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Urinary Stone : Disease Information & Treatments  
 
   
 

Overview

Hardened mineral deposits formed in the kidney are called kidney stones (calculi). These originate as microscopic particles and over the course of time develop into stones. Medically this condition is known as nephrolithiasis, or renal stone disease. The kidneys filter waste products from the blood and adds them to the urine. When waste materials in the urine do not dissolve completely and the kidney is unable to evacuate them, crystals and kidney stones are likely to form. Some stones may pass out of the kidney or get lodged in the ureter (tube that carries urine from the kidney to the bladder), and cause severe pain that starts from the lower back and radiates to the side or groin. A lodged stone can block the flow of urine and build a backpressure in the affected ureter and kidney. Increased pressure results in stretching and spasm, which cause severe pain.

Signs & Symptoms

Small and smooth kidney stones may remain in the kidney or pass without causing pain (called “silent” stones). Stones that lodge in the ureter (tube that carries urine from the kidneys to the bladder) cause the urinary system to spasm and produce pain. The pain is unrelated to the size of the stone

Other symptoms of kidney stones may include the following:
  1. Blood in the urine
  2. Increased frequency of urination
  3. Nausea and vomiting
  4. Pain and burning during urination
  5. Fever, chills, loss of appetite
  6. Urinary tract infection

 

Diagnosis

Laboratory Tests:

  1. Complete Blood Count
  2. Kidney Function Test
  3. Urine Routine & Microscopy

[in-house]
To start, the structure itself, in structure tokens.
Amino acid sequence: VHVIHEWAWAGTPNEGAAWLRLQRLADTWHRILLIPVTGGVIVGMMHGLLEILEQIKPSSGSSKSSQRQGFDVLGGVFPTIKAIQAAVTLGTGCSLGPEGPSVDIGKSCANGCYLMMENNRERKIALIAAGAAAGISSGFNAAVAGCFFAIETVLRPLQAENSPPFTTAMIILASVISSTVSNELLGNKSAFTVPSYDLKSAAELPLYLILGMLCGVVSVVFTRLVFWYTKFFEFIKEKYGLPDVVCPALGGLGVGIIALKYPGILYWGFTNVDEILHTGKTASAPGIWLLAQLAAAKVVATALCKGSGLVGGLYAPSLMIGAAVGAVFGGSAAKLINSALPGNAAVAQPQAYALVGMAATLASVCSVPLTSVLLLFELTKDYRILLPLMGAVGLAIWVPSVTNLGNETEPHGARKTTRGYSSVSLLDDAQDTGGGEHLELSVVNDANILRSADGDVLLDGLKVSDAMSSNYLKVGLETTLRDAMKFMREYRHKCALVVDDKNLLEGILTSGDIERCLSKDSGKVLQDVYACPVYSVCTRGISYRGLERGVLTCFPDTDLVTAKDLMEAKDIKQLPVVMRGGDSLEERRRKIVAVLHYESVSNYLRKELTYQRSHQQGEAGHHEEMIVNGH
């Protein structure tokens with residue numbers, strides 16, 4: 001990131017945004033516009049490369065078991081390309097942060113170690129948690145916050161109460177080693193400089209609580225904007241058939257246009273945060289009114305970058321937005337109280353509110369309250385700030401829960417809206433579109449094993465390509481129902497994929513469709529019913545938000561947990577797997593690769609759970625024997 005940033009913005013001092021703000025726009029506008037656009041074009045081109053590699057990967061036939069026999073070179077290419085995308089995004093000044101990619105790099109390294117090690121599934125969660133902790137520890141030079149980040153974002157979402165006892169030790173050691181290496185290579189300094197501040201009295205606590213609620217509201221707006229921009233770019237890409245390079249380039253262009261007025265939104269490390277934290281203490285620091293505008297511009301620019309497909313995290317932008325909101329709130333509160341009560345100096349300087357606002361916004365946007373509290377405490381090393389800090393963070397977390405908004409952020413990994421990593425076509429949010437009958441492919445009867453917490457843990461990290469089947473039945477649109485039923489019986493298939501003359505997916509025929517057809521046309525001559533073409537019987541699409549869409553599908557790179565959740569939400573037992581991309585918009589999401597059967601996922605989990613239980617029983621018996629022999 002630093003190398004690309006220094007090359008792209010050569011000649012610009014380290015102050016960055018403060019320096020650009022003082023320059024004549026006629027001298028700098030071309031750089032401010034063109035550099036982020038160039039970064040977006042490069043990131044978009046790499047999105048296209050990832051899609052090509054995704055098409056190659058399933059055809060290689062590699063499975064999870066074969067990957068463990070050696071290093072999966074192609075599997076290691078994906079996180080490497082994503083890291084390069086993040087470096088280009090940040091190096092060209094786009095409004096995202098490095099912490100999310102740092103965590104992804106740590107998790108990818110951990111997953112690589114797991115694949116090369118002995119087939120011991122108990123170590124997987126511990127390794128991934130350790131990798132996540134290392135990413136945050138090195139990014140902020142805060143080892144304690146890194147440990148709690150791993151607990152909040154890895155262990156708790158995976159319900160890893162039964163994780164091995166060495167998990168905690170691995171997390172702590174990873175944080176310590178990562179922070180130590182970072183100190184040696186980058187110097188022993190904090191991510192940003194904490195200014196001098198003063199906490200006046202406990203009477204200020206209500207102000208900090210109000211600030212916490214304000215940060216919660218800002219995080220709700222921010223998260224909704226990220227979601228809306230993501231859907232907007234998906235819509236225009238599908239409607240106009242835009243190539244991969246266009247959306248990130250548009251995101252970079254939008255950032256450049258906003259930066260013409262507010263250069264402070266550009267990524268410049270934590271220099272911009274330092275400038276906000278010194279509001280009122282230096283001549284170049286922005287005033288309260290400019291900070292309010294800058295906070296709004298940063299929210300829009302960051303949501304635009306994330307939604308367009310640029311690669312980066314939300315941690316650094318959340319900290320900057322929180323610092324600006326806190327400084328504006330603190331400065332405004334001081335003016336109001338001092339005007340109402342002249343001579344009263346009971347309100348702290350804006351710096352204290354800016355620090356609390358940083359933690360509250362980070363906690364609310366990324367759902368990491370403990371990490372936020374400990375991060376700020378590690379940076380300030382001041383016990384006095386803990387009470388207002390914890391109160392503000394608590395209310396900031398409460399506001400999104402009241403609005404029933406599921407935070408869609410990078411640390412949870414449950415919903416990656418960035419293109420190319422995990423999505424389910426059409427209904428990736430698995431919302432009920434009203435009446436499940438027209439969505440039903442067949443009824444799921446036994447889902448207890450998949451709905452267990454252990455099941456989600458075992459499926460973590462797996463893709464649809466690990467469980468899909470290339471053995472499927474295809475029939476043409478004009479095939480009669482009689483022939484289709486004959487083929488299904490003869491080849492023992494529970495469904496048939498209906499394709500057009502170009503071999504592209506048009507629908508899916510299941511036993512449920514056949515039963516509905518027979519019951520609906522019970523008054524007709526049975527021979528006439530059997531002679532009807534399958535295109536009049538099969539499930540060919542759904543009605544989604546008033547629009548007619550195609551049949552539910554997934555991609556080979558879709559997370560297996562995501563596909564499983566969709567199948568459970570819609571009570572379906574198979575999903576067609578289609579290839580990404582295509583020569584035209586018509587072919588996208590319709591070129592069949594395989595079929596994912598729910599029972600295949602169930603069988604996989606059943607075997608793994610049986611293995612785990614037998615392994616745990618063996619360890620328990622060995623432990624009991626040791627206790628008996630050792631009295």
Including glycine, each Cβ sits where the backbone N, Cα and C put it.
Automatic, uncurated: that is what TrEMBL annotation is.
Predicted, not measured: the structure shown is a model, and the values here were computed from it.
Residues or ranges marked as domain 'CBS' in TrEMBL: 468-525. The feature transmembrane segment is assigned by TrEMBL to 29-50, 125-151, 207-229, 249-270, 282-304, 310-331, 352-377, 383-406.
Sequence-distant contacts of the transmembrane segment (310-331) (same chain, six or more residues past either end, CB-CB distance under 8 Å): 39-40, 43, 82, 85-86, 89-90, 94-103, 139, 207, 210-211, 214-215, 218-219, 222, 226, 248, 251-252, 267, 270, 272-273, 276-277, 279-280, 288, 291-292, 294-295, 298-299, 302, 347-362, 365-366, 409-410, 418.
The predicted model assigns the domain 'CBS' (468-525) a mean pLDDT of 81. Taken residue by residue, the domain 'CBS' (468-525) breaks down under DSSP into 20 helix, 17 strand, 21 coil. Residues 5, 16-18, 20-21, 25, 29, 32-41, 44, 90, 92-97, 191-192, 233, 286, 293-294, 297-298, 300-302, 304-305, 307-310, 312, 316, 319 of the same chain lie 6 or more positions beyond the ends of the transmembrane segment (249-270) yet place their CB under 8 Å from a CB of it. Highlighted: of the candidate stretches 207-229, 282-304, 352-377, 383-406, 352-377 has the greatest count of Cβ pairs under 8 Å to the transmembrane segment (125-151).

Ultrasound:
Whole Abdomen with Kidney, Ureter & Bladder:
  1. Intravenous Pyelogram (IVP)
  2. X-Ray KUB

Treatment

5Extracorporeal shock wave Lithotrispy (ESWL)

Extracorporeal shock wave Lithotrispy (ESWL) uses highly focused electro magnetic waves projected from outside the body to crush kidney stones anywhere in the urinary system. The stone usually is reduced to sand-like particles that can be passed in the patient's urine. Large stones may require more than one ESWL sessions. The procedure should not be done for pregnant women. It can be used for patients of all age groups and those who have heart and breathing problems. ESWL by 4th generation “SIEMENS LITHOTRIPTOR” with Ultrasound attachment helps to treat even Radioluscent stones, which are not visible in normal fluoroscopy Lithotriptors.

Percutaneous Nephrostolithotomy (URS) Percutaneous Nephrostolithotomy (PCNL) This minimal invasive procedure is performed under local anesthesia. Percutaneous (i.e., through the skin) removal of kidney stones (lithotomy) is accomplished through the most direct route . A telescope along with mechanical lithotriptor in inserted to break stone into fine particles to achieve stone-free status in large and complicated stones. This procedure usually requires hospitalization, and most patients resume normal activity within 2 weeks.

Percutaneous Nephrostolithotomy (URS) Ureteroscopic Lithotrispy with Holmium Laser - This procedure is performed under Epidural and Spinal Anaesthesia to treat stones located in the middle and lower ureter. A small, fiberoptic instrument (ureteroscope) is passed into the ureter. Large stones are fragmented using 100-Watts Coherent Holmium Laser. The laser fragments stone into sand like particles, which are then flushed out through the natural urinary passage. The advantage of Holmium Laser is its ability to fragment stones of all compositions and precision. Thus, it is the most effective laser for the treatment of ureteric stones. Patients are generally admitted the same day of the treatment and are discharged next day, which means only 24 hours hospitalization.

   

 

 
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